Student Spotlight: Karen Ní Bhroin - A Young International Conductor

Already considered a leading young conductor in her home country of Ireland, Karen Ní Bhroin came to Kent State in 2018 to pursue her master’s degree in orchestral conducting. For the past two years, she has studied with Dr. Jungho Kim, and she is the Graduate Assistant Conductor of the KSU Orchestra.

Since her arrival, Karen has established herself in the United States with her appointment as Assistant Director of the Akron Symphony Chorus in 2019 and her debut with the Akron Symphony Orchestra in 2020. Set to graduate in May 2020 with her Master of Music, she has already secured the full-time assistant conductor position with the Winston-Salem Symphony and will also lead their Youth Orchestra program. She starts this June in North Carolina.

On March 8, Karen will lead the Kent State University Orchestra in Ravel’s beloved “Mother Goose Suite'' and Rimsky-Korsokov’s opening prelude to “Scheherezade.” Both works are inspired by some of the world’s best-known literary stories. I recently had the opportunity to speak with Karen about conducting and the upcoming concert. Read excerpts from that conversation below!

Alena Miskinis: How did you decide to pursue conducting?

Karen Ní Bhroin: I felt I had more to give than I could on my own instruments (clarinet, piano, tin whistle and concertina). I was already leading an Irish music group and those leadership skills seemed transferable. Also, I came to classical music in my late teens, and again when I saw my high school conductor bringing the ensemble together. I wanted to do that. I wanted to hear and guide all the textures together, making a bigger sound than I could on one instrument. I love working as a team with the orchestra and guiding all the parts together, helping it become one unit. When it comes together and you feel everyone working together, it is magical!

AM: What are your thoughts on the connections music can make with literature?

KNB: It is connected in so many ways. For example, the story of Romeo and Juliet has been used by both Tchaikovsky and Prokofiev. There is a famous quote, ‘where words fail, music speaks’ by Hans Christian Andersen, and I do believe this to be true. It is magical when both are connected and we can really hear and see the characters, of the existing story or literature. It is equally special when we don’t know the story and have to conjure it in our own minds.

AM: I read that Ravel based the last movement of the “Mother Goose Suite” on his own ideas of fantasy. Does this affect how you conduct this movement in relation to the others?

KNB: The last movement of the Ravel is a Fairy Garden. I learned this piece many years ago, but this is my first time performing it. The tone is very nostalgic for me, and I think Ravel’s cinematic orchestration compels the mind to hear that. To me, the opening is so sad and reflective. It certainly grows very quickly, and after what I consider a reflective, sad, painful opening, within seconds it’s extremely bright and celebratory. When we dream of fairies, anything is possible and that is certainly represented in this movement.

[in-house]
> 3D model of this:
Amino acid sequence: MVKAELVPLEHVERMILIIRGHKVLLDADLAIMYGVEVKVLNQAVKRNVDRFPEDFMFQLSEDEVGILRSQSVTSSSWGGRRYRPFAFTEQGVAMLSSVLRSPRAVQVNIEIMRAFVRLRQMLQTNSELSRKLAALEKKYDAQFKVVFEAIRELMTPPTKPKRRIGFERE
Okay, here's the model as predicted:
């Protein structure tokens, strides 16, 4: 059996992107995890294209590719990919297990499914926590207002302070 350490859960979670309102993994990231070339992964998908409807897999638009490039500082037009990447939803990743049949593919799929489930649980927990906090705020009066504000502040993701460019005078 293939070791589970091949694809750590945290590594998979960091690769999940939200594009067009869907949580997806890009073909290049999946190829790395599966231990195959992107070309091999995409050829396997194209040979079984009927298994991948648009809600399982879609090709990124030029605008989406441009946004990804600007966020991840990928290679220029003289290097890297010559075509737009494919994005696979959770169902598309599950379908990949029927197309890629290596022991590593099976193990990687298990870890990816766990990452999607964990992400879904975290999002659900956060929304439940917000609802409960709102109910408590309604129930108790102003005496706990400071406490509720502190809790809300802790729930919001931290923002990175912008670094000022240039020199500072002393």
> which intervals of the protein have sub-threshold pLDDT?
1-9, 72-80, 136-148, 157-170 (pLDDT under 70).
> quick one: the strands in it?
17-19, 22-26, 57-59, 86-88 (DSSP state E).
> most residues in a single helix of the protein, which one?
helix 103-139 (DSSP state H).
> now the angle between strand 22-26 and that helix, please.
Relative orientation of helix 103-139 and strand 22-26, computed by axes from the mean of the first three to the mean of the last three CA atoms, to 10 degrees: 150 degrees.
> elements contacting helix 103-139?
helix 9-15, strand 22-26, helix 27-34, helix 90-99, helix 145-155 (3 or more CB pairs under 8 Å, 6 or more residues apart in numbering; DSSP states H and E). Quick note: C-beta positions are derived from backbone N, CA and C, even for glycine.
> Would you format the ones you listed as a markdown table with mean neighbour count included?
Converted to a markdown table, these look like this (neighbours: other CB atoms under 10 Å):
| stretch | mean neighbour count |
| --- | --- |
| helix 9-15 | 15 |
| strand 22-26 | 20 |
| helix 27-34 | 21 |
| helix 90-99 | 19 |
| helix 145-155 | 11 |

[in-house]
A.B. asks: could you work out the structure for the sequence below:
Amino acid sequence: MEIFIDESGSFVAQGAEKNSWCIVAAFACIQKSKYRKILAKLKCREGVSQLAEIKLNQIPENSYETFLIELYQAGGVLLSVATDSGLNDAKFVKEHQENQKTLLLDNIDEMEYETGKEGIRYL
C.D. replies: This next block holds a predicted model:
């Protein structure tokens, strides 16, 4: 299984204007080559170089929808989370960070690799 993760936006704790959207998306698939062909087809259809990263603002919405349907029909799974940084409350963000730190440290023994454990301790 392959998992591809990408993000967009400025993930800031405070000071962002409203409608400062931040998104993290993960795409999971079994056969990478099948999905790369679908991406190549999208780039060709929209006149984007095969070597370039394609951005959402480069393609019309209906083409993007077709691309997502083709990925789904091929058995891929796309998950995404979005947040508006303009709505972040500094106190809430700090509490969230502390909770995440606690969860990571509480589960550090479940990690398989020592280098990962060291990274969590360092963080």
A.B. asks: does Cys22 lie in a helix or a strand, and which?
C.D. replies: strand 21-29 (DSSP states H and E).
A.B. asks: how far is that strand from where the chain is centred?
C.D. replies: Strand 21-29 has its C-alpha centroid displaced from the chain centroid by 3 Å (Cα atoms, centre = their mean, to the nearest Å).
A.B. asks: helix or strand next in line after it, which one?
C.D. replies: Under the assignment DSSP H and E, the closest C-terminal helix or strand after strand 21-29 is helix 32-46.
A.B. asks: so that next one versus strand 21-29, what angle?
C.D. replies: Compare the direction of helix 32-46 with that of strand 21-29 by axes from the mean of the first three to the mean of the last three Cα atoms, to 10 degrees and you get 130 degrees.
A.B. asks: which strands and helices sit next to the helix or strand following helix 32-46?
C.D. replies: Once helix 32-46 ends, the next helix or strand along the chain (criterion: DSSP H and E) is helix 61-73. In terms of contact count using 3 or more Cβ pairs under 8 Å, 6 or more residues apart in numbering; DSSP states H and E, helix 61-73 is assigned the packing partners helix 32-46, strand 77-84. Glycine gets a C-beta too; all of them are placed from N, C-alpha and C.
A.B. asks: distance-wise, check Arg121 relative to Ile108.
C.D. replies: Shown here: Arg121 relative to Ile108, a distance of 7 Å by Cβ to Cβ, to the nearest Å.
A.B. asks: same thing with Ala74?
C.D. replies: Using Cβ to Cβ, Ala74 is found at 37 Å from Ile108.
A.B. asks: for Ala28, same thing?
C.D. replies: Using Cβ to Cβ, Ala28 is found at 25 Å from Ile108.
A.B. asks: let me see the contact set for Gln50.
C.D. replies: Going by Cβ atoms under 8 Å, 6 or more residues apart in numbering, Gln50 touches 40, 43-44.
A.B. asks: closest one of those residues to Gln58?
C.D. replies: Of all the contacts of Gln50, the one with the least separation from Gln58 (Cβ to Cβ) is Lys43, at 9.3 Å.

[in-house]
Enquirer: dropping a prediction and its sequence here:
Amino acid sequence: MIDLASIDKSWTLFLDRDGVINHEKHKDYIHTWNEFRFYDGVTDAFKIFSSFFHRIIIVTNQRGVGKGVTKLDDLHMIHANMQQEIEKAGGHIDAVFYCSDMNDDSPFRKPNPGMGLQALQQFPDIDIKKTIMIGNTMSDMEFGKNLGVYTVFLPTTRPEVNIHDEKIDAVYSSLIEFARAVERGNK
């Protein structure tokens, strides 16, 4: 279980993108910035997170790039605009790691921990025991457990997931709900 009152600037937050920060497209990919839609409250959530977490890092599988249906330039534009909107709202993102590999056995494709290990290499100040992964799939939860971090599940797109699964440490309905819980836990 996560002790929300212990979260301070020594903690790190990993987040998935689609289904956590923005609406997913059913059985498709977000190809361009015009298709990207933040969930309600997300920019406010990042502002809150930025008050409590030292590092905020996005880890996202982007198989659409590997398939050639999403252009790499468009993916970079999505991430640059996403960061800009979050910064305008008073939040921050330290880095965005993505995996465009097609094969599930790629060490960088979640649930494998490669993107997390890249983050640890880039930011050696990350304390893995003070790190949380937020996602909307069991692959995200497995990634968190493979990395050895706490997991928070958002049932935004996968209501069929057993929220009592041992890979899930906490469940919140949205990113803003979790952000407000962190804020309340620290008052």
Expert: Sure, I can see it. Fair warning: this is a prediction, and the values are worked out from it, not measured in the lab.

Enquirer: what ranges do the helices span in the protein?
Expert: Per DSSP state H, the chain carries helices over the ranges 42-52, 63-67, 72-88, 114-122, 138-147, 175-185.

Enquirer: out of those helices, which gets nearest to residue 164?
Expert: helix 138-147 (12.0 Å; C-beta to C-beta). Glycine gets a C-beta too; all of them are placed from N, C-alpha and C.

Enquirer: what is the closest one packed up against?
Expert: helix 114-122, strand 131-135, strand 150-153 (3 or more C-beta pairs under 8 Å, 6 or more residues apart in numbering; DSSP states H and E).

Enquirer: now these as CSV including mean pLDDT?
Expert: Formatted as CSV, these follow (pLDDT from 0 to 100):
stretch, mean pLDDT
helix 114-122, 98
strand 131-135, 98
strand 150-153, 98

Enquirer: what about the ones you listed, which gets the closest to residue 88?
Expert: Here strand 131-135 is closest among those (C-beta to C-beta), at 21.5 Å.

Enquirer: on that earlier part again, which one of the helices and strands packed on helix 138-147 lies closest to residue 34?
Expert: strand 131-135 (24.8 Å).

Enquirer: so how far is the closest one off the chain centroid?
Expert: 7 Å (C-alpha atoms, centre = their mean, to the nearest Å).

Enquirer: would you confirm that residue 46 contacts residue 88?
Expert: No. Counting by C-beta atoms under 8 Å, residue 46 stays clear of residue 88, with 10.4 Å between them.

AM: How do the different characters in the 1st Movement of “Scheherazade” work together musically?

KNB: Similar to Ravel, Rimsky-Korsakov makes the characters come alive in the music. It is the conductor’s job to research the story, the composer, the piece as a whole and to bring it all to the foreground of the piece. Sultan is the first character we hear. It's big, it’s brutal, it's scary, it is almost the entire orchestra. This is followed by the tenderness of the violin solo where Scheherazade—with all her beauty—sings and soars like a snake charmer. Finally, we get into a ternary time signature which represents the waves and the journey of the ship. Rimsky-Korskov did all the hard work, I just have to tell that story through my baton!

AM: How do you make old and frequently performed music new?

KNB: Imagination, excitement, joy, being reflective, carrying through the emotion, belief and a drive to strive for what you want to do and for the results you want to achieve!


Learn more about Karen, including her recent performances and new position, at the following links:

Winston-Salem Symphony Appointment Announcement

ClevelandClassical.com Interview

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Written by: Alena Miskinis, Writing Intern

Contact for Media: Andrew Paa, Marketing Assistant
apaa@kent.edu | 330-672-0894

 

POSTED: Wednesday, March 4, 2020 - 9:55am
UPDATED: Wednesday, March 4, 2020 - 9:55am